Does It Really Matter if You Microwave Plastic?
If you’re like most parents, your kitchen—your life!—is filled with plastic. Like it or not, it’s convenient, inexpensive, and ubiquitous, especially in homes with children. But after years of feeling good about reusing those plastic containers, popping them from the dishwasher to the microwave without a second thought, we learned about a chemical called BPA (bisphenol A). Suddenly, everything from baby bottles to lunch containers boast “BPA-free” labels. What does this mean? Can you safely heat them up in microwaves and dishwashers? Or must you hand-wash all seventy-three pieces of Tupperware every night? (Please say no! Please say no!) Alas, the research is still a bit murky, not unlike those leftovers stored in plastic in your fridge. Here’s where it currently stands.
What is BPA and why do we care? BPA is a chemical that mimics estrogen and has been shown to disrupt hormone and reproductive system function in animals. Evidence suggests that prolonged exposure may be harmful to people, especially infants and children.It’s found in plastic containers and other kitchenware and may leach into foods or drinks, especially after heating or freezing, which can speed up plastic breakdown. However, researchers are still debating whether BPA actually causes health problems and, if so, how much exposure is necessary to trigger them. That means there are no clear-cut answers as of yet.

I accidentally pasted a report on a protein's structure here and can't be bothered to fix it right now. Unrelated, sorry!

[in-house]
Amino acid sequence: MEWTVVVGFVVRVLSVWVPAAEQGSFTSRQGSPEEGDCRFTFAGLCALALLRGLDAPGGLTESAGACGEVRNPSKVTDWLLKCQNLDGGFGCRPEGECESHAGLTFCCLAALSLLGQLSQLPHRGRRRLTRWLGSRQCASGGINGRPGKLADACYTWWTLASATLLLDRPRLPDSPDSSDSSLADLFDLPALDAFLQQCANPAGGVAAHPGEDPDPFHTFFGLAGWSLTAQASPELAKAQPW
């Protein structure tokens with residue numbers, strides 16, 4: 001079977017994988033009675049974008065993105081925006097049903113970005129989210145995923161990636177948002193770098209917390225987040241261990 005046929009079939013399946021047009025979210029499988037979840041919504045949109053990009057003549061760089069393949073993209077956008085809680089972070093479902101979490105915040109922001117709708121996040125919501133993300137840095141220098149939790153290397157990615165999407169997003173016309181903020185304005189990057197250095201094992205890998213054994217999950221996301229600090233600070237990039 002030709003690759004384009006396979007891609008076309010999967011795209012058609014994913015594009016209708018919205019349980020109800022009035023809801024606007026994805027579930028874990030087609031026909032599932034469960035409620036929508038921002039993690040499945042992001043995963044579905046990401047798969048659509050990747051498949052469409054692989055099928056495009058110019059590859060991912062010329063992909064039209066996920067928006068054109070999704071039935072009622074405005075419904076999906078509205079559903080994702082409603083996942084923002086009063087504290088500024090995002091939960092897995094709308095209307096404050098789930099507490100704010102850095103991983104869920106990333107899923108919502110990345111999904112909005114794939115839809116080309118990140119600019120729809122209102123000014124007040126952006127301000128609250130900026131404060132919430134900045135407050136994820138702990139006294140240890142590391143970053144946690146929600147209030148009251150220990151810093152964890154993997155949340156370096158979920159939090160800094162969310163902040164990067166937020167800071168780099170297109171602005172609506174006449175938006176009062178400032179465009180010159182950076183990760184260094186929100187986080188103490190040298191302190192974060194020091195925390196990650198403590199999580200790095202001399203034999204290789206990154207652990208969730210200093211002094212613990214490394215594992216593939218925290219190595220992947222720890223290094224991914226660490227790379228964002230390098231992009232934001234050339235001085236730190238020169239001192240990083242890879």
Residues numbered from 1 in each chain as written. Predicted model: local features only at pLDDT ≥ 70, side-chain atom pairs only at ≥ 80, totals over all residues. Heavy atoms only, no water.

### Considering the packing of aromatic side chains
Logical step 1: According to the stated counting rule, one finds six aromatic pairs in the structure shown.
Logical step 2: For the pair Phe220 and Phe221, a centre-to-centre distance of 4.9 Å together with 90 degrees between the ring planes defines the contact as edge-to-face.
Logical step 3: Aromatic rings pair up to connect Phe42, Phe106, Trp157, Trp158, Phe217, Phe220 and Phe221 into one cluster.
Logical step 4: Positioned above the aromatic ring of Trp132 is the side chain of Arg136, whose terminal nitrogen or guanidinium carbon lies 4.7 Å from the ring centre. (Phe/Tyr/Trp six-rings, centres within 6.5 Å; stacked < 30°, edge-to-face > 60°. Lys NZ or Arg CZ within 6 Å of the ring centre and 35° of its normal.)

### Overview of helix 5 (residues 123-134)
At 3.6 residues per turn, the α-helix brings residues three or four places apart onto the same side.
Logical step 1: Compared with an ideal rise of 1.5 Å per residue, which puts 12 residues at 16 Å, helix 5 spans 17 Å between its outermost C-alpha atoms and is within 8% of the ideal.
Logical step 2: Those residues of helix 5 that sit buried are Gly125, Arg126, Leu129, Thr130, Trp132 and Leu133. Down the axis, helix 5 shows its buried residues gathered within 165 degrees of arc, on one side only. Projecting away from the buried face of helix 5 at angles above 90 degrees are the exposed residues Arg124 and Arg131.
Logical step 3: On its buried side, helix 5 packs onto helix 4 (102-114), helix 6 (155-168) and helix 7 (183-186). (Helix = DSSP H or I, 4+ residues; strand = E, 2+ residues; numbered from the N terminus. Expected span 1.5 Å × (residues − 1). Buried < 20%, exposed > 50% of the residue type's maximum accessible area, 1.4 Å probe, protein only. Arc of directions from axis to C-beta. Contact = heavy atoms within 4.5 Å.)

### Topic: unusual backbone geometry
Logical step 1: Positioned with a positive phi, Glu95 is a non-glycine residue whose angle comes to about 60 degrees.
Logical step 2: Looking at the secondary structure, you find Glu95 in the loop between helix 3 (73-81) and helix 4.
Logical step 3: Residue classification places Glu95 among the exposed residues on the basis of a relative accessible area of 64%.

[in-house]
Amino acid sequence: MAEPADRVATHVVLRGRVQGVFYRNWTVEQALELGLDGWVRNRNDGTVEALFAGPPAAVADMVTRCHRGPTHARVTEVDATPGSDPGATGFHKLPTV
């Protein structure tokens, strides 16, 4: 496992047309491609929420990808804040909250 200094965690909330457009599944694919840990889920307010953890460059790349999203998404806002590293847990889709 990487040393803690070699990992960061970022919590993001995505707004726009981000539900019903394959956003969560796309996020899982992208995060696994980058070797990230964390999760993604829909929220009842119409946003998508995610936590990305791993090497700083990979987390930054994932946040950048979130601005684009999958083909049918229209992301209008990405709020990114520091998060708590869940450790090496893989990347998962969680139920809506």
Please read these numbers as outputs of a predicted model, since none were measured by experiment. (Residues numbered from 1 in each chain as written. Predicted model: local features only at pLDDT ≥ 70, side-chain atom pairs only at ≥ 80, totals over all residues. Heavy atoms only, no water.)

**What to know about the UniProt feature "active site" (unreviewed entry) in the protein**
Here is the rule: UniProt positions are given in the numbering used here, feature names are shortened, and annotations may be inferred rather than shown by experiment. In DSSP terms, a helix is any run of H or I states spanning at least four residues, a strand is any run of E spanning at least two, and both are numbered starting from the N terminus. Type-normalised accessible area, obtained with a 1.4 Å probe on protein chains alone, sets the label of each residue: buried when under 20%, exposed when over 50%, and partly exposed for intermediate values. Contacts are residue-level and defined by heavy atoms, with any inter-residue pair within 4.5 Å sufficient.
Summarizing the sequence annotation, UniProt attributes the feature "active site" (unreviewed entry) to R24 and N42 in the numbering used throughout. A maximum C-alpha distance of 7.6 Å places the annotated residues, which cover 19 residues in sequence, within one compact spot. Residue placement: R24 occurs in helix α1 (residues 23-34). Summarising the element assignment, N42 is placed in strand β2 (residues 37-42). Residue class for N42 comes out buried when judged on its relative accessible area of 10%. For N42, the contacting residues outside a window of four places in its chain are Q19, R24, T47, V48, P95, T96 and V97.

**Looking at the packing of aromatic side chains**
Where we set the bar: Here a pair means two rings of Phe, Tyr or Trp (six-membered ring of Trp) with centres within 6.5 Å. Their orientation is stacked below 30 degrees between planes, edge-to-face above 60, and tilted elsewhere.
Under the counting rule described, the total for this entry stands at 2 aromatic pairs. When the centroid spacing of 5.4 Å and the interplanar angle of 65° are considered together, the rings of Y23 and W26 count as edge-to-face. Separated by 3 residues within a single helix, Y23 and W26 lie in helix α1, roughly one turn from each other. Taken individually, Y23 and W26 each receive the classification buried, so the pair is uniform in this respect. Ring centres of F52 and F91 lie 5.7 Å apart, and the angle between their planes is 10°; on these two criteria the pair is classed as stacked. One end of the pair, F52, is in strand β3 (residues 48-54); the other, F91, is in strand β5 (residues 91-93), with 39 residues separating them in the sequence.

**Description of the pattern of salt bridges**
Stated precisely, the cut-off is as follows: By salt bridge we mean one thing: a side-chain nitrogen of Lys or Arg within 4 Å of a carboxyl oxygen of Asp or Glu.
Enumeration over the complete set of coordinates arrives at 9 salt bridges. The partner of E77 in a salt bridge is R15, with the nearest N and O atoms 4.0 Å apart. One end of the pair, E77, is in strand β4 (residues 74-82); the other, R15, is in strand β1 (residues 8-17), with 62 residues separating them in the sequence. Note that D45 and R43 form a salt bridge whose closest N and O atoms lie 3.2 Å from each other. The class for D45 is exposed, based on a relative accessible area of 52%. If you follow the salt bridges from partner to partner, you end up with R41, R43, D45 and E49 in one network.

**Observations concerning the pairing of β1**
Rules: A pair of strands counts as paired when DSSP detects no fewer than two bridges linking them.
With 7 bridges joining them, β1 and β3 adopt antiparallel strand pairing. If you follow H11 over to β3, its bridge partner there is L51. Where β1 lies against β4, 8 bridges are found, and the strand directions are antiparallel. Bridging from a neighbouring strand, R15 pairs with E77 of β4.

So what’s the deal with the microwave? It really comes down to who you want to listen to. If your container is labeled microwave-safe, that means the FDA says you’re good to go. George Pauli, associate director of Science and Policy at the FDA’s Center for Food and Safety and Applied Nutrition, explains, “We assume there will always be something that will leach out of the container into the food, so we look at how much someone could consume over a lifetime and compare that with what we know about the toxicity of the substance.” Doesn’t sound appetizing? Others advise to play it safe. Since heat can increase the rate at which chemicals like BPA leach from plastic, Sonya Lunder, senior analyst at the Environmental Working Group, says, “I don’t microwave anything in plastic. It’s really easy and fast to put my food into a ceramic or glass container and heat it that way.”
Washing & Reusing: Only put plastics into the dishwasher if they have a dishwasher safe label. If you want to be extra-cautious, wash all plastics by hand or use only glass and ceramic plates and dishes. Why? In the dishwasher, food containers are exposed to detergents and heat, which may accelerate the leaching of BPA.One rule of thumb everyone can agree on: plastics that are designed for single use should only be used once, because they aren’t designed to withstand heating and cooling. Most plastics with recycling code number 1—found on the bottom of the container—are intended for single use, like disposable water bottles. (Yes, that means you should toss that Thai takeout container from six months ago.)